Minneapolis / Saint Paul / Twin Cities urban exploration

 Gopher Munitions Plant
 (aka "The U-Lands")

During World War II, the Federal Government acquired 13,000 acres of farmland in Rosemount, displacing 90 families in 1942. Construction of the Gopher Ordnance Works (a munitions plant) on said farmland began in May of 1942 by E.I. Dupont deNemours and Company.

Twenty thousand workers and 856 new buildings were part of the project at a cost of $123,855,448. Operations of the war munitions plant, which was never fully functioning, ceased in April of 1945 when the war ended.

At that time 8,000 acres of the land were obtained by the University of Minnesota and a number of the buildings were used during the 1947-48 polio outbreak. Currently, the University of Minnesota’s Agricultural Research Station and the Dakota County Technical College are located on part of the site.

(from the City of Rosemount's homepage)

     (photo of the munition plant stacks in operation)

Click the small pics for larger images and more
detailed information.


Long before there was Action Squad, long before the emergence of Max Action, my friends and I sometimes drove out to explore the "U-lands," as they were called. I didn't own a camera back then, and we have no pictures of these circa 1993 trips to put up on the site. So the years rolled past, and I almost forgot all about the place. Shit, I hardly remember anything about being sixteen.

Anyway, after we'd been doing Action Squads for a couple of years, MuppySkum (an original Action Squad member and one the people that explored the U-Lands with me when we were kids) suggested that we go out there sometime. Memories of the place came rushing back as we talked, and it was decided that we'd go back in the spring (it was winter at the time) and try to rediscover the ruins we'd explored years ago.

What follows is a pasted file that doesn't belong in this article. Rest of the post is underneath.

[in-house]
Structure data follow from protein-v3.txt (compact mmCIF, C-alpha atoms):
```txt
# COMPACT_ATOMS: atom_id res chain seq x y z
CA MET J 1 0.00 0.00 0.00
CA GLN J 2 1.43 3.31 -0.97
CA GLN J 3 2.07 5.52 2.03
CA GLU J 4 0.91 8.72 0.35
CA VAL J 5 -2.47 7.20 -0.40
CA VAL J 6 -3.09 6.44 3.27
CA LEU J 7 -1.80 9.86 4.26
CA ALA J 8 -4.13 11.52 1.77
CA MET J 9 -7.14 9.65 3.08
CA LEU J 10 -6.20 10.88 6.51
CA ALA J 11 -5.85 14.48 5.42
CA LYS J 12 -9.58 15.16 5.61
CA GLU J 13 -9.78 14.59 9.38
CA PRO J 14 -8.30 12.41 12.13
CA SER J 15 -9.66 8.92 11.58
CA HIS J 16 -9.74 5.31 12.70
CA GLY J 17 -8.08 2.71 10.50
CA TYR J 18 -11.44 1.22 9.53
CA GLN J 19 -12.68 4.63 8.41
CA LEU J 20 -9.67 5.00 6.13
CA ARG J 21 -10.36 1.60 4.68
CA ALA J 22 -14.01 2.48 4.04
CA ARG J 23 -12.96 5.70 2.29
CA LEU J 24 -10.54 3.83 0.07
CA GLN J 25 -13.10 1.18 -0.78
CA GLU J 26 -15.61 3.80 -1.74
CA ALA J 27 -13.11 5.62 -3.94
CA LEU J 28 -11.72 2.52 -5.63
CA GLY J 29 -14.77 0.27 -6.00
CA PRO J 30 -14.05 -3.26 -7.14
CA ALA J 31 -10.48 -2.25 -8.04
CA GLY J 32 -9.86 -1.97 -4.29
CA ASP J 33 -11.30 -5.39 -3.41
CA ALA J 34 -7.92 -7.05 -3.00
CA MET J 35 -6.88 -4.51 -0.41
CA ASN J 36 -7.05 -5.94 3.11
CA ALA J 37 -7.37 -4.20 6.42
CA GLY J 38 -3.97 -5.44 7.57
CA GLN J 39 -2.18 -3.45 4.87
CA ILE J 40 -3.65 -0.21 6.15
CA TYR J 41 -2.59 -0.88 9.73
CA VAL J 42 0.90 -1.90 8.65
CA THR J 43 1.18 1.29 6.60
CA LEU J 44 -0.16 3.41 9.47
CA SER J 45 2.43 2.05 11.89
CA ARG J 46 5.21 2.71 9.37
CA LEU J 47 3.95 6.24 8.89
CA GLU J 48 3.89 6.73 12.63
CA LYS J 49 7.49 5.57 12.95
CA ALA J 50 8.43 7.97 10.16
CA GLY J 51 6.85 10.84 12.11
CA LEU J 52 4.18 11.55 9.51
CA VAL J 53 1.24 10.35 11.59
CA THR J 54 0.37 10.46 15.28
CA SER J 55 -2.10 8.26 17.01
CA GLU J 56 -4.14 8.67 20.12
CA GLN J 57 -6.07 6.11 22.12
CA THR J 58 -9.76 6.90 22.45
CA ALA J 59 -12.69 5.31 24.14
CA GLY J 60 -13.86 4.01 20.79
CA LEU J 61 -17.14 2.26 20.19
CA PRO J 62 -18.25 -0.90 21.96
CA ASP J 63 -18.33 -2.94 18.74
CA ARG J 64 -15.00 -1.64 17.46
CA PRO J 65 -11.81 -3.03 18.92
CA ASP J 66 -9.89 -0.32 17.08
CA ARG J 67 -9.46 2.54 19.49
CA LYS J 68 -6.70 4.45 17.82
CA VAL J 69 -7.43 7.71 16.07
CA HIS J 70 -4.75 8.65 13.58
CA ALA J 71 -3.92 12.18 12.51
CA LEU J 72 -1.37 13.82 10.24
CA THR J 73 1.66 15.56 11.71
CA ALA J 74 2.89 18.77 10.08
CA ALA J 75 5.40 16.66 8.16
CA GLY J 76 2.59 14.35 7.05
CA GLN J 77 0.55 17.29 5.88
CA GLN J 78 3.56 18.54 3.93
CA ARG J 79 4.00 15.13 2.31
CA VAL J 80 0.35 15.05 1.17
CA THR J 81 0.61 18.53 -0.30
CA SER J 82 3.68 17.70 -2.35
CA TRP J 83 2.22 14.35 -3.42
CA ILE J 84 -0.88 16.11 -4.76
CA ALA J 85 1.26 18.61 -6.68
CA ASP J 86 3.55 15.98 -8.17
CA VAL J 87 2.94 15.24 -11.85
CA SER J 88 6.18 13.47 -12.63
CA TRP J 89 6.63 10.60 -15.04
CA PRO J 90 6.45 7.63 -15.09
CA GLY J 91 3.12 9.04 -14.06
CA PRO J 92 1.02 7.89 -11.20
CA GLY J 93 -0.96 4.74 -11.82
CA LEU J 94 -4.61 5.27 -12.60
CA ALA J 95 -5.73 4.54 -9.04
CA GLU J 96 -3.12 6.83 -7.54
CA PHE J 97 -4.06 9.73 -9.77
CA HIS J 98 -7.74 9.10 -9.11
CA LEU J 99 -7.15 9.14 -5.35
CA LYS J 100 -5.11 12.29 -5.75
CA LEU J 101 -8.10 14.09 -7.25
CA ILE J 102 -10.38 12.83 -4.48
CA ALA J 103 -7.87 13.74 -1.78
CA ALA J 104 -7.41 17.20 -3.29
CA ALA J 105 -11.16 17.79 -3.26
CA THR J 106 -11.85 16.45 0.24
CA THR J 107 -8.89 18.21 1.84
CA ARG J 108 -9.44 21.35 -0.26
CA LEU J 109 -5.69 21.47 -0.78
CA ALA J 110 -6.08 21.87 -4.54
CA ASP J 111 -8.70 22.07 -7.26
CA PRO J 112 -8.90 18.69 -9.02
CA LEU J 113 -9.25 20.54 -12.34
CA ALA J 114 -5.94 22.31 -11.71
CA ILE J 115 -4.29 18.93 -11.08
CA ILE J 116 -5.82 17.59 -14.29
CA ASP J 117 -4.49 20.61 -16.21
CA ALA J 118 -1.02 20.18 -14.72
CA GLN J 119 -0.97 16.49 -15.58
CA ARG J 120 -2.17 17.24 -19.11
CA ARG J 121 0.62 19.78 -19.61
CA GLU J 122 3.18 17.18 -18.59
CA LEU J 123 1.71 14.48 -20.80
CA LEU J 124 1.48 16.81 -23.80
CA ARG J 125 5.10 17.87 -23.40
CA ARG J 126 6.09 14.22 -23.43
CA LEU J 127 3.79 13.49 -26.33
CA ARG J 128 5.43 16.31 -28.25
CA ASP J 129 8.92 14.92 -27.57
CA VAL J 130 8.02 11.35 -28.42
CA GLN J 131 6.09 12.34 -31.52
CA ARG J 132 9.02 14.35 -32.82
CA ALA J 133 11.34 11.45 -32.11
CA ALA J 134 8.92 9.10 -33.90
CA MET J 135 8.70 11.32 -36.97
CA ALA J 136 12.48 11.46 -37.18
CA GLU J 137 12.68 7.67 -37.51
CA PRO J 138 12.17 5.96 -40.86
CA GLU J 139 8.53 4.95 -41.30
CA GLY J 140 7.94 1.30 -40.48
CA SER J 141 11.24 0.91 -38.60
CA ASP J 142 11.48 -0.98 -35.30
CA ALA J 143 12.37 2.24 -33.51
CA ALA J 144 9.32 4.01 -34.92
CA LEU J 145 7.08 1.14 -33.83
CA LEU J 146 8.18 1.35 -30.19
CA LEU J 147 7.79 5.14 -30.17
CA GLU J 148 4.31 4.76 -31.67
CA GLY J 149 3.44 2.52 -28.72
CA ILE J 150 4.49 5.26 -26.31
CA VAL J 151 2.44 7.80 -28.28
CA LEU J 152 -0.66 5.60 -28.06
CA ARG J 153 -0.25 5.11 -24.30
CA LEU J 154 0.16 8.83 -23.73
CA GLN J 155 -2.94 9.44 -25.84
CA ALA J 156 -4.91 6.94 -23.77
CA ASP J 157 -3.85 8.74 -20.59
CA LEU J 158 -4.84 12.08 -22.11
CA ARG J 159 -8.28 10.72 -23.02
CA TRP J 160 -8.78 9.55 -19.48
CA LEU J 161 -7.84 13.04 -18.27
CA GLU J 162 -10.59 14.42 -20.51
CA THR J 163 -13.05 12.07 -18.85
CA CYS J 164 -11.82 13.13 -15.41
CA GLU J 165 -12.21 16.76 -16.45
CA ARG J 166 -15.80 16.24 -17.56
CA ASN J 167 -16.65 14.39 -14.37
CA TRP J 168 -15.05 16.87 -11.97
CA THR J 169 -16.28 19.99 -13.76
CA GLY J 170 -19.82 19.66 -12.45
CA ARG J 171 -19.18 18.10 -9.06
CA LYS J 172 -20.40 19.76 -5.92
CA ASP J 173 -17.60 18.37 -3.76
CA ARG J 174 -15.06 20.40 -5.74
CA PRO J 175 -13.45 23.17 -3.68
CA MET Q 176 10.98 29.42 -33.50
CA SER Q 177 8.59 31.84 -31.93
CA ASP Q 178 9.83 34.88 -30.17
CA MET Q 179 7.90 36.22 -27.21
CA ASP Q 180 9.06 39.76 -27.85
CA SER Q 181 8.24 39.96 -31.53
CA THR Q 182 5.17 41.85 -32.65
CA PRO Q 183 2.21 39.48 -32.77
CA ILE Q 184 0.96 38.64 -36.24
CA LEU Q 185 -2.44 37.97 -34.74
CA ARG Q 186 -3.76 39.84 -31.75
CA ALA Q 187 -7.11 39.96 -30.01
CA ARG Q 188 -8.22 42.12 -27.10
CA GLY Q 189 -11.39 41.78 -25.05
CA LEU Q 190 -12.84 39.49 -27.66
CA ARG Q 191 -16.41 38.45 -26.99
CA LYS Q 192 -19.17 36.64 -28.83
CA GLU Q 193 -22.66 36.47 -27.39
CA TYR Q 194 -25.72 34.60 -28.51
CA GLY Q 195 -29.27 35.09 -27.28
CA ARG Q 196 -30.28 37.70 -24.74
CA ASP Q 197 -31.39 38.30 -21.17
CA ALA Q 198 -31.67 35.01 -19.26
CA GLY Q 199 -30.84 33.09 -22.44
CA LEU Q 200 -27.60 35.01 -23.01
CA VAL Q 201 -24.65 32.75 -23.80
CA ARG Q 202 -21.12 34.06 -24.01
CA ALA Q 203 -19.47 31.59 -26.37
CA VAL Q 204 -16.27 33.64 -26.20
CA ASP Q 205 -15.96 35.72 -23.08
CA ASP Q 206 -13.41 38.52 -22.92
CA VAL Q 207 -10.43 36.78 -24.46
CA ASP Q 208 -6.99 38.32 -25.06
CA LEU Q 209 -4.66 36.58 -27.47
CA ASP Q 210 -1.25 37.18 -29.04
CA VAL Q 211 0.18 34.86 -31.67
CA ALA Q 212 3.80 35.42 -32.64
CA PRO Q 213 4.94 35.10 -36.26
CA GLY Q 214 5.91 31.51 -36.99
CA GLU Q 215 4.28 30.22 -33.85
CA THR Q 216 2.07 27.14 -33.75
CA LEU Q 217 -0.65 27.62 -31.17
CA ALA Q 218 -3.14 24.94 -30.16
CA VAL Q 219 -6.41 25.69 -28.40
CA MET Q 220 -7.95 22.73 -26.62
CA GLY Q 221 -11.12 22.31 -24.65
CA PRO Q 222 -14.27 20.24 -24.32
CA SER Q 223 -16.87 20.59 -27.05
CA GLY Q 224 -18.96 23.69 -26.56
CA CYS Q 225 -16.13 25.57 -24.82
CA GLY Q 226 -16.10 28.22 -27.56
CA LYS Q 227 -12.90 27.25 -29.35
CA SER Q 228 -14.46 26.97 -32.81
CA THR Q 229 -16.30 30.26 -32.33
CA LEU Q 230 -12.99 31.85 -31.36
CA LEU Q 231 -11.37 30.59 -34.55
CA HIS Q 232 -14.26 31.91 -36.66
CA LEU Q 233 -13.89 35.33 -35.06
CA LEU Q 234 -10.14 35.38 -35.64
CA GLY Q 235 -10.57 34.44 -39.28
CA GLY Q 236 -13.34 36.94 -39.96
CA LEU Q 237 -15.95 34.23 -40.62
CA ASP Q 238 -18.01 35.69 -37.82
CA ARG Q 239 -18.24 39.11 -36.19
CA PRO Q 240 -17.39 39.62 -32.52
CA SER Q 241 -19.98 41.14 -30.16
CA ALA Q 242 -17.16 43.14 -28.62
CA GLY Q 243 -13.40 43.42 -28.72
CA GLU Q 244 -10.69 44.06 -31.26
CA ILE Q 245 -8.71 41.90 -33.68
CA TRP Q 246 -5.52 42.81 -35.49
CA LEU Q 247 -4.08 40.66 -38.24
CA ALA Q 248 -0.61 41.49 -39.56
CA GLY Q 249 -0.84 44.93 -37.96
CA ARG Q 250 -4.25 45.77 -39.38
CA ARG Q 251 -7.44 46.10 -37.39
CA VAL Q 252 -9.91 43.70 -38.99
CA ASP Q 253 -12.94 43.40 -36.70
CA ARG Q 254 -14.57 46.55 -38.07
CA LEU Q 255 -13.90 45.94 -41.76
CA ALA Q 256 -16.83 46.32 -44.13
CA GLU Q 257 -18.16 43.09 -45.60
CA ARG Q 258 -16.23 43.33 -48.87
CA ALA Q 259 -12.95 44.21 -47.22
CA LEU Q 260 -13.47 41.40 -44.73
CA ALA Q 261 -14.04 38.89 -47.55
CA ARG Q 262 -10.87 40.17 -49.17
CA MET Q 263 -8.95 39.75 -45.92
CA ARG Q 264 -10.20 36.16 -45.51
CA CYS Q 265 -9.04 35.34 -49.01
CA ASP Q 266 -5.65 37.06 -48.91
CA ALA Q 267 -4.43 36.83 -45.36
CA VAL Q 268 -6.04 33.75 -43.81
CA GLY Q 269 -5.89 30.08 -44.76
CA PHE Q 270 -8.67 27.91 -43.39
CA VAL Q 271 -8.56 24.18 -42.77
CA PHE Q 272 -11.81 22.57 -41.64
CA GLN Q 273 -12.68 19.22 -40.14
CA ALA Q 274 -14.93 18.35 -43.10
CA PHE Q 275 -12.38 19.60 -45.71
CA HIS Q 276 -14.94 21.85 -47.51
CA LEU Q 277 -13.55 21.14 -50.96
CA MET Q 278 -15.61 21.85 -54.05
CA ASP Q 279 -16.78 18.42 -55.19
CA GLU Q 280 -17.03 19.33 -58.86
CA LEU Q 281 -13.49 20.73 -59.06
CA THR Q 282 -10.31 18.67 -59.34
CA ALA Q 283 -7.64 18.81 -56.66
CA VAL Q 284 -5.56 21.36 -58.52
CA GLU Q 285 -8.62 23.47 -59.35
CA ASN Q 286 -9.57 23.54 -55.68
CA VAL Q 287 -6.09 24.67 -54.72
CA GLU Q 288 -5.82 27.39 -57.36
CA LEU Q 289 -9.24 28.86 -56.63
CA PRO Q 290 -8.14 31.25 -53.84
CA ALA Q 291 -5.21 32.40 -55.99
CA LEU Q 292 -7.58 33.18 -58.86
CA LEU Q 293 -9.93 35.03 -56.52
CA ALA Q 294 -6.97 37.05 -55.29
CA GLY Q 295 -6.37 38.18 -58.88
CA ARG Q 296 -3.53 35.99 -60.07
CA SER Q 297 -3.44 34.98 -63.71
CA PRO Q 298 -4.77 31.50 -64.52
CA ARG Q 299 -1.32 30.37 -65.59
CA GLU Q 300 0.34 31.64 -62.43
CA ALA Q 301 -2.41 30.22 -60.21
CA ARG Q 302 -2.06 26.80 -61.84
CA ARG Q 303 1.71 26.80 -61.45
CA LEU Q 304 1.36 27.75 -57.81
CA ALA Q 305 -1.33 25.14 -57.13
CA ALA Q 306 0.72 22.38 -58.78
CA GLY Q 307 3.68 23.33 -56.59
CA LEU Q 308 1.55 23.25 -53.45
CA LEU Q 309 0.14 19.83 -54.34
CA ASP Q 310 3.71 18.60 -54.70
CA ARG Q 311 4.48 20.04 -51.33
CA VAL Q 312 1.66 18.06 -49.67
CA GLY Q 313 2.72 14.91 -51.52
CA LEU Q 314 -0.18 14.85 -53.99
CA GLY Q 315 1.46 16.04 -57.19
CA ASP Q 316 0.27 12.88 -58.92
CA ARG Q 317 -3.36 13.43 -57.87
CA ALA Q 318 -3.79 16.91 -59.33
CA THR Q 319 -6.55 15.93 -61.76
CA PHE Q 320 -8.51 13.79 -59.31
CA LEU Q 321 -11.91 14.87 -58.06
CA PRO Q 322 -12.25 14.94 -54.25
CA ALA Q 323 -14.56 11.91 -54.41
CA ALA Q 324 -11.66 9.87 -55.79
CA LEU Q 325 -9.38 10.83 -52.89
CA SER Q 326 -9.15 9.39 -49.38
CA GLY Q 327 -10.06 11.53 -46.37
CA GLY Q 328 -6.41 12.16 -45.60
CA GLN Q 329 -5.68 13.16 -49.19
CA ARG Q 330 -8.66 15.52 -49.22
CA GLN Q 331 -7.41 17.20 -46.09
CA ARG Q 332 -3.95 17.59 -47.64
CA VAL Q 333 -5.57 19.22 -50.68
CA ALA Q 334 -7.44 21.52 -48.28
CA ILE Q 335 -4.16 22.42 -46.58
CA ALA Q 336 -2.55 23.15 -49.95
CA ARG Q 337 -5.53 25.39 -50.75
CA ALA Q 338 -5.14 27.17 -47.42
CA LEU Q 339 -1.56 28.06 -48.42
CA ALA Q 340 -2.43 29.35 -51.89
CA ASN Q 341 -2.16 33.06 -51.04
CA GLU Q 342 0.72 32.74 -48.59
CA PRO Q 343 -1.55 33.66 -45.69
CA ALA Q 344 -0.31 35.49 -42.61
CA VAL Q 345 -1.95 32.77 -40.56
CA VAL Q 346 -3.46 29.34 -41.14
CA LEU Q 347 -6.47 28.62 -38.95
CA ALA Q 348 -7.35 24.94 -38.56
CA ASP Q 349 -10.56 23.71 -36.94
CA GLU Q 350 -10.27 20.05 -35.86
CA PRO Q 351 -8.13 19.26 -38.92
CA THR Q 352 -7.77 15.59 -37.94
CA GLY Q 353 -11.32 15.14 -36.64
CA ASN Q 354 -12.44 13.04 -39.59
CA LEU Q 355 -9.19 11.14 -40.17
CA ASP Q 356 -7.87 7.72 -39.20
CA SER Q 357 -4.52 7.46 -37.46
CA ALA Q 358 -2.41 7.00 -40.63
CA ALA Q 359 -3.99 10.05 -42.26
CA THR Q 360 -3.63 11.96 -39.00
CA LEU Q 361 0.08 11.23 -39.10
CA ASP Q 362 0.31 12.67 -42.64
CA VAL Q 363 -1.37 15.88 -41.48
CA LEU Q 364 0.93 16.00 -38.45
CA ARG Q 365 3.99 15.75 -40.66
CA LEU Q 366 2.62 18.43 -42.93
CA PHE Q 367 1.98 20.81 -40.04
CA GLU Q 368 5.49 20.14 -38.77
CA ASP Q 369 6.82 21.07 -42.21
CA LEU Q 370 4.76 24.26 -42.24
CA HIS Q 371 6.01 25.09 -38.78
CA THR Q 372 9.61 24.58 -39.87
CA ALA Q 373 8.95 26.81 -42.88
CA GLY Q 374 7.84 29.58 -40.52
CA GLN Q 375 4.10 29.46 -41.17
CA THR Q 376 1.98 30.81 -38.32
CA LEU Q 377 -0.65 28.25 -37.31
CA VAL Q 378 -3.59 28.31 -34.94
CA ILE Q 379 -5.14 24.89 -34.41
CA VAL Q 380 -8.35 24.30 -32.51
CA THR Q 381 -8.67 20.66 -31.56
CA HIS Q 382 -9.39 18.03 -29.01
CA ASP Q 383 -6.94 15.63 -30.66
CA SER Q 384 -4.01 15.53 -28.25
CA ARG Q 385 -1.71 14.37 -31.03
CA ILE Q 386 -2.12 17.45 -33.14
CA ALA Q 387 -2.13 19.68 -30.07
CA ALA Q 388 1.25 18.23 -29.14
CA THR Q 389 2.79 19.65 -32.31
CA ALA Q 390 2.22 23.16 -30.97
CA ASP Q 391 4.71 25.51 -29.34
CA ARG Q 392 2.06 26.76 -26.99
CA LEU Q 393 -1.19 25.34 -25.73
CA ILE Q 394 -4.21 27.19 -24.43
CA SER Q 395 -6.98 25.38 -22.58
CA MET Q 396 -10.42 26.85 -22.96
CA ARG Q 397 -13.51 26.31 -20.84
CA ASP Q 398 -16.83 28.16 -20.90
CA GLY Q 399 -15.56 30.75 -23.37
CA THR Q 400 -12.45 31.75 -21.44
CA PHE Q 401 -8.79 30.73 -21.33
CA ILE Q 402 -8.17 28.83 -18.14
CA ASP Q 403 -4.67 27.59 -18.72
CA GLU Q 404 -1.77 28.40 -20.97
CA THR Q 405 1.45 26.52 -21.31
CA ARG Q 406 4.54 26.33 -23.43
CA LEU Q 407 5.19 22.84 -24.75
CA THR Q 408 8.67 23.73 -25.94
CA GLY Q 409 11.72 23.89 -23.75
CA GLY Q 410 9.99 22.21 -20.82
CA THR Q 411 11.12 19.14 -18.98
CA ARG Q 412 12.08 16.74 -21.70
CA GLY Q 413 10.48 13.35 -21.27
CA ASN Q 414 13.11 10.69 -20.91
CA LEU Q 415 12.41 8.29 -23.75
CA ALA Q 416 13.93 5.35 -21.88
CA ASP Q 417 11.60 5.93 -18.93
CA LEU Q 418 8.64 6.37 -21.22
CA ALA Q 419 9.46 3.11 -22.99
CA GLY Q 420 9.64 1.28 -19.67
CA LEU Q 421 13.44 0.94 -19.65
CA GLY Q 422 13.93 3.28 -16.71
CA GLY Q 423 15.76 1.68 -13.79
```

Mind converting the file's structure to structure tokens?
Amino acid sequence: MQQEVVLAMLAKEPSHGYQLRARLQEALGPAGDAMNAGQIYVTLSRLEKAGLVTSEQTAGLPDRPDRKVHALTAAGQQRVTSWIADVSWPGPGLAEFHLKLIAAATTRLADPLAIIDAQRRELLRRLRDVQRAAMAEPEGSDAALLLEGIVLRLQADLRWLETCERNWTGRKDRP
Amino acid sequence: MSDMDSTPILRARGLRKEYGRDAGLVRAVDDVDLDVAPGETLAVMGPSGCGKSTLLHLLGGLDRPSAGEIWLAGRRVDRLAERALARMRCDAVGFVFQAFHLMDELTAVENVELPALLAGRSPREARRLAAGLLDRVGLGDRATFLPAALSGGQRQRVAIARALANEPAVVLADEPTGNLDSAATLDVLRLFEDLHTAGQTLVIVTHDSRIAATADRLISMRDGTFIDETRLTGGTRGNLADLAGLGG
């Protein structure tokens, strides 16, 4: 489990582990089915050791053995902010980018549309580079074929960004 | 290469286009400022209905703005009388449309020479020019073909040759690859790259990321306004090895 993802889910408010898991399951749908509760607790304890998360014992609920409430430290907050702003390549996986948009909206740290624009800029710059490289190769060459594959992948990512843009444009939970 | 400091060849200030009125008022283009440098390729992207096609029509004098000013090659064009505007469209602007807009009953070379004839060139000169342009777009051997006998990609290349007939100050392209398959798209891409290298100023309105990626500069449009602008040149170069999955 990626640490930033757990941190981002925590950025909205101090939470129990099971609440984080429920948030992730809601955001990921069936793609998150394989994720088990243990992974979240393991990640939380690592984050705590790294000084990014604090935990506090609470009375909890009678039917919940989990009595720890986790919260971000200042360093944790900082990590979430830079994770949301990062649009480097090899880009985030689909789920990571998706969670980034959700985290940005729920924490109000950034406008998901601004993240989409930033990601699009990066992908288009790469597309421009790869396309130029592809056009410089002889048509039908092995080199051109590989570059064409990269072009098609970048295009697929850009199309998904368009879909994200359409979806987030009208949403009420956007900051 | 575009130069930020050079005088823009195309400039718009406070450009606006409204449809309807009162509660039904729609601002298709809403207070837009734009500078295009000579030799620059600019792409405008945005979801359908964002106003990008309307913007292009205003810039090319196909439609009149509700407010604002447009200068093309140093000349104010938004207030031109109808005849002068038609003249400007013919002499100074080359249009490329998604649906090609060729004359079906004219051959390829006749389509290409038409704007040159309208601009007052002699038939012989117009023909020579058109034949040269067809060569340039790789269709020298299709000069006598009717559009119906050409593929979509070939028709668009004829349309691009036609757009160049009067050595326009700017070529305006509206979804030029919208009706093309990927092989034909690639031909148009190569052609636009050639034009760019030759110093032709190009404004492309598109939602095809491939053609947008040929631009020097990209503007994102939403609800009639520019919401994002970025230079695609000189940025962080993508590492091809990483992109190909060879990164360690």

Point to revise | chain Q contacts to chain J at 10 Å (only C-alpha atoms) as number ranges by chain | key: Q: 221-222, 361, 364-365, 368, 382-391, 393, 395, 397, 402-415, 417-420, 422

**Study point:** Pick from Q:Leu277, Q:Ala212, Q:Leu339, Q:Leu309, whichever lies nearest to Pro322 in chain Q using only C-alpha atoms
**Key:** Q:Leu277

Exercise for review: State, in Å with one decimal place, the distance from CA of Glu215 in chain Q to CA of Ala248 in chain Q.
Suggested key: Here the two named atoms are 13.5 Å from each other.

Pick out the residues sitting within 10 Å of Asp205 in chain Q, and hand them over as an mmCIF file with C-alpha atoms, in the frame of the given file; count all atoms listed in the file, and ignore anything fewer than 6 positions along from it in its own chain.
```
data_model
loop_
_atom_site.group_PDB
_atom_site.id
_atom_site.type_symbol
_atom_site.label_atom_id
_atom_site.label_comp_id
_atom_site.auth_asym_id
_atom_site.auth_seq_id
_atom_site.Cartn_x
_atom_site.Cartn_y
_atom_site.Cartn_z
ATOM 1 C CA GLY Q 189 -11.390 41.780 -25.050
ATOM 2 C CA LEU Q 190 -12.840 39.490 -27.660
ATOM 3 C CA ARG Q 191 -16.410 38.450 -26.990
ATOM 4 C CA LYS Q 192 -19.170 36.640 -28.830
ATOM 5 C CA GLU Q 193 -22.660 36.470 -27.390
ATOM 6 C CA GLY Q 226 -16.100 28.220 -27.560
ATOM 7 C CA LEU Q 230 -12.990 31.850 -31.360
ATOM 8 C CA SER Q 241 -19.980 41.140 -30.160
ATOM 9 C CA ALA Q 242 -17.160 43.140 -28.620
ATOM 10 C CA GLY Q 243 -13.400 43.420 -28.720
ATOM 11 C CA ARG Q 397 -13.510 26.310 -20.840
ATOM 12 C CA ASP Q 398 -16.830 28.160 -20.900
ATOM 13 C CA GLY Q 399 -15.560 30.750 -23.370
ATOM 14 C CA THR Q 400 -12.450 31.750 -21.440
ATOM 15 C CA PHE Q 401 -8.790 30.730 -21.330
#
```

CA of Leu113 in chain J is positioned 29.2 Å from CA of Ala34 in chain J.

Well, spring came and went, quickly followed by summer and fall. By the time the U-Lands crossed my mind again it was already the next winter. Blah blah blah, to make a long story short, we kept not going out there until one day we actually stopped not going out there, and went.

We took multiple trips throughout 2001 and early 2002; each time we went, we found new places to explore. Now, for the most part, this is not a hardcore kind of place. Yes, there are a couple different tunnel systems, as well as abandoned buildings (it's not all in total ruins). And yes, we did spend a good deal of effort dodging both the Rosemount police and a private security patrol. But for the most part, a trip to the U-Lands means an afternoon of romping around, climbing around on stuff, taking cool pictures, wandering through the woods, and having a good time in a visually and historically interesting environment with a somehow haunting atmosphere.

The U-Lands are quite different from other abandoned places we have explored: they're "ruins" in the truest sense of the word, having more in common with the weathered remains of an ancient city than they do with any of the other abandoned places we know of. Most of the buildings are at least partially gone, leaving foundations, basements, and jagged chunks of walls to be slowly broken down and devoured by nature. Strange concrete structures lurk almost invisible in groves of trees, 20th century Midwestern versions of the inscrutable and eerie vine-choked temples in the rain forests of Peru. Utility tunnels beneath the surface choke silently as they slowly fill up with dirt and debris washed in by rain and snow melt. Trees spring up in defiance of mankind on rooftops, in the middle of fields of cracked cement, and in places that were once considered to be indoors.
O   O   O OO   O  

The U-Lands are a wonderful and beautiful place, if you've got the right way of looking at the world. Of course, most people don't see things this way; there are plans being considered to raze both the ruins themselves and the surrounding forest to make way for yet another fucking golf course.

A golf course.  *sigh*

Is that really progress?

O   O    O   O   O   O   


Dave's U-Land's Page  -  Dave contacted us about his explorations of the U-Lands back in October of 2001;
                                             his site is ALL about the U-Lands, and includes a "virtual tour." Very cool.

Ryan's U-Land Page  -  Ryan's site mainly takes a more historical approach; he has dug up quite a bit
                                         of interesting info on the history of the Gopher Munition Plant.

"U Ponders Rosemount Land Options"  -  An article from a November 1998 issue of the Minnesota Daily.

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